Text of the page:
osu_alltoall in containerized environments, and any bandwidth performance differences were within general run-to-run variance. In fact, some of our highest performance differences were observed simply from rebooting compute nodes and re-running the same test.
Raw results for these and other tests are included as attached CSV files at the end of the article.
Does performance change for a Rocky Linux 9 container?
Containerization isn’t just about running an application in an identical operating environment to the compute node host: it enables the flexibility to run different versions of an operating system, or even entirely different operating systems, within the container. So what if we run a different version of Rocky Linux–9.2, in our tests here–compared to the Rocky Linux 8.8 that is running on the compute node?
The question isn’t entirely unfounded: Cornelis Omni-Path support, for example, is built on a mixture of kernel and user-space components. For our tests, we’re using the support for OPA included in the Rocky Linux kernel, and each version of Rocky Linux includes user-space libraries and applications designed to work with its matching kernel components. The nature of containerization, however, implies that we’re using the kernel components from the host, regardless of what user-space code is running in the container. So what happens if we run an MPI built for a Rocky Linux 9.2 environment on a Rocky Linux 8.8 kernel?
While we obviously can’t speak for all kernel and user-space pairings, our results indicate that even this difference isn’t something to worry about. Most results were within run-to-run variance, with yet another apparent improvement in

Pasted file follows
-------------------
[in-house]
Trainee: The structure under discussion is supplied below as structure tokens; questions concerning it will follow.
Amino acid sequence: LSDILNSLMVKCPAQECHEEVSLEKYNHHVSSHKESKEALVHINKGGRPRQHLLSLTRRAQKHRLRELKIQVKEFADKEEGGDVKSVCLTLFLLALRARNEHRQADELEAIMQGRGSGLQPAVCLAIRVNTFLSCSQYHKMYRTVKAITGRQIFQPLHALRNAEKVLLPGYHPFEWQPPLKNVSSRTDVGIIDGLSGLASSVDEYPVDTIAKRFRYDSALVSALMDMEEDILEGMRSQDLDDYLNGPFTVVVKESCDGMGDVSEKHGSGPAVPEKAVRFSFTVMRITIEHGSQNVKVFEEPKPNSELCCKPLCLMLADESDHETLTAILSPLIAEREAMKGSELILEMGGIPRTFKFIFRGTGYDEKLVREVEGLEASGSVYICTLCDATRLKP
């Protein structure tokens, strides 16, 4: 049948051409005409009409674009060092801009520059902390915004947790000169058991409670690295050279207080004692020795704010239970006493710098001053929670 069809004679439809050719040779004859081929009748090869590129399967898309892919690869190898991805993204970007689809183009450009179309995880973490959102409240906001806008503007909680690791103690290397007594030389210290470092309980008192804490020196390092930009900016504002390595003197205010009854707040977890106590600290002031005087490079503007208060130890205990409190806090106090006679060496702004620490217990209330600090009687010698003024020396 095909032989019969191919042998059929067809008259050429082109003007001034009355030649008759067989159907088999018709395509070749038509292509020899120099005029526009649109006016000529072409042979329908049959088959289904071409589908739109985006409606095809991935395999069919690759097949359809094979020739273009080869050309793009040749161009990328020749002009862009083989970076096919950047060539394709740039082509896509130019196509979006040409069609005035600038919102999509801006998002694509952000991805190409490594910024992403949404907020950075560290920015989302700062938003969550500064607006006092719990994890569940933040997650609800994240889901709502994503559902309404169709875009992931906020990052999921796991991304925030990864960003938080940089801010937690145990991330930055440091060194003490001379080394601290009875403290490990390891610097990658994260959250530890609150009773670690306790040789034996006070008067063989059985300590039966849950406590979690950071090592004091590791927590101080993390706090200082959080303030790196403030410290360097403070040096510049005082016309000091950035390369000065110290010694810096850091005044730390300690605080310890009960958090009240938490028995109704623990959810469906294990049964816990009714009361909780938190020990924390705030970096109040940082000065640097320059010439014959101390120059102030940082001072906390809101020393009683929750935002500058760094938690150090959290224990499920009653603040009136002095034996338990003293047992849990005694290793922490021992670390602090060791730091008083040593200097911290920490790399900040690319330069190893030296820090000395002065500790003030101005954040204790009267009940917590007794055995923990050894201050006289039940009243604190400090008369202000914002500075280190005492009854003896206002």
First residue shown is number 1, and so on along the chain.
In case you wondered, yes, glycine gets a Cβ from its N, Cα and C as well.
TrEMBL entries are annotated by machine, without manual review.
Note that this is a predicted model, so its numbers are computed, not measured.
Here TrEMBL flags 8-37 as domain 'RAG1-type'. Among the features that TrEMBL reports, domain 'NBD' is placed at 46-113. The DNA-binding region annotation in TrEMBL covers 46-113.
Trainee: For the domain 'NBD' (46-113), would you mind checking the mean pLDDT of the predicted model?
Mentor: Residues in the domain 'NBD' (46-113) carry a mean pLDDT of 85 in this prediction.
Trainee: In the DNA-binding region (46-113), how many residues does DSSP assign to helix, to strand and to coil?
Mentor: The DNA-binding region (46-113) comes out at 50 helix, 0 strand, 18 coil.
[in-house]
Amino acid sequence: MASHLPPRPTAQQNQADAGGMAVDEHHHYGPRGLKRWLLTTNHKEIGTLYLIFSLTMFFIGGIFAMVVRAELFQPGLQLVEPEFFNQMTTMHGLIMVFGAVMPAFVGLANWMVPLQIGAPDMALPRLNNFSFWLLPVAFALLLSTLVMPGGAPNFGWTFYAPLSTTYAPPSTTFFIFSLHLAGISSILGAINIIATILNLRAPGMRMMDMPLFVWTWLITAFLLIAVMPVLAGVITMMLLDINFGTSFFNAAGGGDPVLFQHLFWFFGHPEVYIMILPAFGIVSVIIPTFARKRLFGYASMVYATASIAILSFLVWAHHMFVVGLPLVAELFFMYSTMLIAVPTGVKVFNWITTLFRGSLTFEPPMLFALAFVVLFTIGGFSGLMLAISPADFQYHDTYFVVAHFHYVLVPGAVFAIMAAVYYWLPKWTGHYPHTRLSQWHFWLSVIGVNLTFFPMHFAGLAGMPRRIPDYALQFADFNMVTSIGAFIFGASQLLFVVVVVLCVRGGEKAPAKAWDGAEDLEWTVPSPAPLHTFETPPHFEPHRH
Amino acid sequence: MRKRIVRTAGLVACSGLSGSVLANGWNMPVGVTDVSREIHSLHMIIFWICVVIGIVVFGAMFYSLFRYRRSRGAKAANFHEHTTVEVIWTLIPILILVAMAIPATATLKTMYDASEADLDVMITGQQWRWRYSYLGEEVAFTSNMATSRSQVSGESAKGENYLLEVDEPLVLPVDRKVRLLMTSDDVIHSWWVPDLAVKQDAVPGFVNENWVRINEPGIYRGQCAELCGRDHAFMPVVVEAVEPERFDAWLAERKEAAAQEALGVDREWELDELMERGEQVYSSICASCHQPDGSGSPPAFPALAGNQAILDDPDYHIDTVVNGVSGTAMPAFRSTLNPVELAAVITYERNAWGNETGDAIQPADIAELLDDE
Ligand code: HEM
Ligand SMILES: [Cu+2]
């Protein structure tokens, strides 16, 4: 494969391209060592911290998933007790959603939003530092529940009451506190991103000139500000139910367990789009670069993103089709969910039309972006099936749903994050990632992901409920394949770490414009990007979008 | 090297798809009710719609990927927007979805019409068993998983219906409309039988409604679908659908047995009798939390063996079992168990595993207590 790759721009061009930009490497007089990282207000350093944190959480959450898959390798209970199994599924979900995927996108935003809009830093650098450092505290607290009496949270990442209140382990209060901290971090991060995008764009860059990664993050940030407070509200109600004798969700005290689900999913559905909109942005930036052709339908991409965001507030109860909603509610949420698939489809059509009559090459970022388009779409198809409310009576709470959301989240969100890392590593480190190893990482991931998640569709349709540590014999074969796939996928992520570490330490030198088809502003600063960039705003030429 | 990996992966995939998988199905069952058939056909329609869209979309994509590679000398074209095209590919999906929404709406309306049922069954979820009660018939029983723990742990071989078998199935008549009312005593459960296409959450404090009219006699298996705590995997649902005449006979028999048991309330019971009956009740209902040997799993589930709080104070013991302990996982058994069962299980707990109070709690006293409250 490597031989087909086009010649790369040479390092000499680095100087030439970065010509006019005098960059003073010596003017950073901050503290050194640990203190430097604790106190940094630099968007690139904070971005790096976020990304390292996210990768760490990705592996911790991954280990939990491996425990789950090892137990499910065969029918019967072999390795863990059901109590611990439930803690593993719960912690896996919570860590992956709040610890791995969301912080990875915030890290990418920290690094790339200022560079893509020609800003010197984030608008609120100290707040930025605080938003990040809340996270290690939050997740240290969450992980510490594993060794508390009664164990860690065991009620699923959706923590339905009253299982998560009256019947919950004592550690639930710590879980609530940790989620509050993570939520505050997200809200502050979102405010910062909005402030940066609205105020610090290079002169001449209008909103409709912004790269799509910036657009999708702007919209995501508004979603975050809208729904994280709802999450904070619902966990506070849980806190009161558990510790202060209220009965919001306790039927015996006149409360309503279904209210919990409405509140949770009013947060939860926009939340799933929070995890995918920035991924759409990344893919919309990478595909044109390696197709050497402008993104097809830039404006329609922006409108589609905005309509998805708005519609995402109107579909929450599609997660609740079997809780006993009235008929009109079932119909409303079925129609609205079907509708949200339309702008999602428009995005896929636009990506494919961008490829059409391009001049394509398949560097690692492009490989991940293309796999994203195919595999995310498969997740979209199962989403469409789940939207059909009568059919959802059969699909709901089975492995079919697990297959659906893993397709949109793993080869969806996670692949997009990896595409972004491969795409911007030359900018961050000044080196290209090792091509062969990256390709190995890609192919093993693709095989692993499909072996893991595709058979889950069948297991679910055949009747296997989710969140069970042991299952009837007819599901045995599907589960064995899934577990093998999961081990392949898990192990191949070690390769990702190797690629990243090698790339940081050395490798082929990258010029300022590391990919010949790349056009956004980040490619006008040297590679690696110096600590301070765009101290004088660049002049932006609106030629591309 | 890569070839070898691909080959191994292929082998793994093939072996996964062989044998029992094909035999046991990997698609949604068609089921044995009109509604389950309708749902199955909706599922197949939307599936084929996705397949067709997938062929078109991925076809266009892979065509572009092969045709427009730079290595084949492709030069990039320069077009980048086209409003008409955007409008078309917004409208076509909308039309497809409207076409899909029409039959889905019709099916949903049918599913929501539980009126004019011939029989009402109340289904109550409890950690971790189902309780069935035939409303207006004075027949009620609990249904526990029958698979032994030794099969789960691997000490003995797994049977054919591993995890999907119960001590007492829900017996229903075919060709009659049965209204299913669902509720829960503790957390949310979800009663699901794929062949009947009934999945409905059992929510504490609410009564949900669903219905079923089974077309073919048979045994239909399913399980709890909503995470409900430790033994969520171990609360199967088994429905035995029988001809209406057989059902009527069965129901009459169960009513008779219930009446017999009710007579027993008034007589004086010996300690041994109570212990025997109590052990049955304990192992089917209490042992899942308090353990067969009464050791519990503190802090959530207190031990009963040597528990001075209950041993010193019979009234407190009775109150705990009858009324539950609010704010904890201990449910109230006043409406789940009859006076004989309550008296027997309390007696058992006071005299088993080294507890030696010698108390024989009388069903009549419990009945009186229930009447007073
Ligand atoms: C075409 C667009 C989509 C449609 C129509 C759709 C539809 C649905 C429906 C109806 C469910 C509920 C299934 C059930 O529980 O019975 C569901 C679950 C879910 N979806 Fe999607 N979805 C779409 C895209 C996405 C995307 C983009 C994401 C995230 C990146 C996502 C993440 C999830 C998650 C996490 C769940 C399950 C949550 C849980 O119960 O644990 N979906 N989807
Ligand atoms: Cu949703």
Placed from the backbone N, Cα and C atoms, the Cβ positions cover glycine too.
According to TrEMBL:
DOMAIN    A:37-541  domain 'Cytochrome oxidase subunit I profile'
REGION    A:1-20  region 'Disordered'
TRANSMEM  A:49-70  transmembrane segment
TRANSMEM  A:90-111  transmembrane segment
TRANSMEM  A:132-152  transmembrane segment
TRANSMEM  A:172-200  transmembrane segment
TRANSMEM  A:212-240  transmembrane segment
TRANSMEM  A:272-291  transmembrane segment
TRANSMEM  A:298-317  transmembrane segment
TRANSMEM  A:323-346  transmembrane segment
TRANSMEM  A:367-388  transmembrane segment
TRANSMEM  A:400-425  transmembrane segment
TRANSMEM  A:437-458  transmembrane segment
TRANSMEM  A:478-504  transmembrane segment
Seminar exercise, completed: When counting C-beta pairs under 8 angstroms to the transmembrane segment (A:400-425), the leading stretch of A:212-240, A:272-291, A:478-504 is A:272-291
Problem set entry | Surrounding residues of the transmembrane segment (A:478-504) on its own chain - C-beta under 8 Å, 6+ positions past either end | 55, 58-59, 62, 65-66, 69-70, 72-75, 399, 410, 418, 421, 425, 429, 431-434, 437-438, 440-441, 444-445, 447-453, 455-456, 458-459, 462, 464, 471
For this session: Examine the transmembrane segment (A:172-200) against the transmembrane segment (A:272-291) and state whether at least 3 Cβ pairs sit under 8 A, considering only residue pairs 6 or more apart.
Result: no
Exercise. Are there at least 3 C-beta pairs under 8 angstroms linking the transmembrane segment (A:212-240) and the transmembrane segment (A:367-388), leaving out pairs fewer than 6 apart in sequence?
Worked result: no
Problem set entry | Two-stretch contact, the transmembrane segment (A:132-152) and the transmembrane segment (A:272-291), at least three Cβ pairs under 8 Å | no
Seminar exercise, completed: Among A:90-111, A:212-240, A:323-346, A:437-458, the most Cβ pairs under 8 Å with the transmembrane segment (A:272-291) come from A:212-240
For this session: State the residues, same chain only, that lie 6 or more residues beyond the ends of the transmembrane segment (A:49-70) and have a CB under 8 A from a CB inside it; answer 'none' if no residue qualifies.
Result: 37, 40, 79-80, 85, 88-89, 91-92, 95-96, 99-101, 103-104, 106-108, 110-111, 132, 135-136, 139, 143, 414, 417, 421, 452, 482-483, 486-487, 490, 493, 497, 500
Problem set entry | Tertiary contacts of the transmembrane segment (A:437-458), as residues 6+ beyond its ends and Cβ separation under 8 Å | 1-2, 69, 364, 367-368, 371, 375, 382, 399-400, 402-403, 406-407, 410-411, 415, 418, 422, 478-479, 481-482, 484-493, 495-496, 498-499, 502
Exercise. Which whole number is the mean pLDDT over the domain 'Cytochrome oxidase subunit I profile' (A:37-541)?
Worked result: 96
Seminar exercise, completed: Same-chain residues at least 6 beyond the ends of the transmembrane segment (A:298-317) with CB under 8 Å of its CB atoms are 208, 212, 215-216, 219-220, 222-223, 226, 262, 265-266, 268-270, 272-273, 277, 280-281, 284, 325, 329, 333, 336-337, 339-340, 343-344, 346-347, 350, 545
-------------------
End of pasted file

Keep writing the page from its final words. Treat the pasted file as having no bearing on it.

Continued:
osu_alltoall latency. (This improvement probably shouldn’t carry too much weight, however, given the limitations of our testing methodology; but we’ll talk more about that in the conclusion.)
Does performance differ for Apptainer SUID and user namespace modes?
If you’ve been following Apptainer development, one of its more recent improvements is the transition, by default, from its original SUID-based runtime to the adoption of more modern Linux kernel support for user namespaces. For example, we need to be
root to set up a container and, when building a container, to install packages within it. In the past, this has been accomplished with the use of
fakeroot. Now, by default this is accomplished using Linux user namespaces.
But the questions remains: does Apptainer’s use of user namespaces impact performance?
We ran this test by physically uninstalling the
apptainer-suid package. Similar to our previous results, we found that performance was effectively identical, once again with the most significant (but still only slight) variations observed in the latency of
Does behavior change for multi-node vs. single-node?
Up to now, all of our tests have been run with one MPI task per node; but we also wanted to check if behavior would change when multiple tasks were run on each node. However, there have been multiple reports of MPI breaking in Apptainer with user namespaces, particularly when using UCX. We wanted to check if the same behavior was observed with these libfabric builds of MPI without UCX.
For this particular test case, we focused specifically on
osu_alltoall, as it supports running an arbitrary number of tasks. Rather than running one tasks per node across four nodes, we ran four tasks on one node, with two tasks per socket.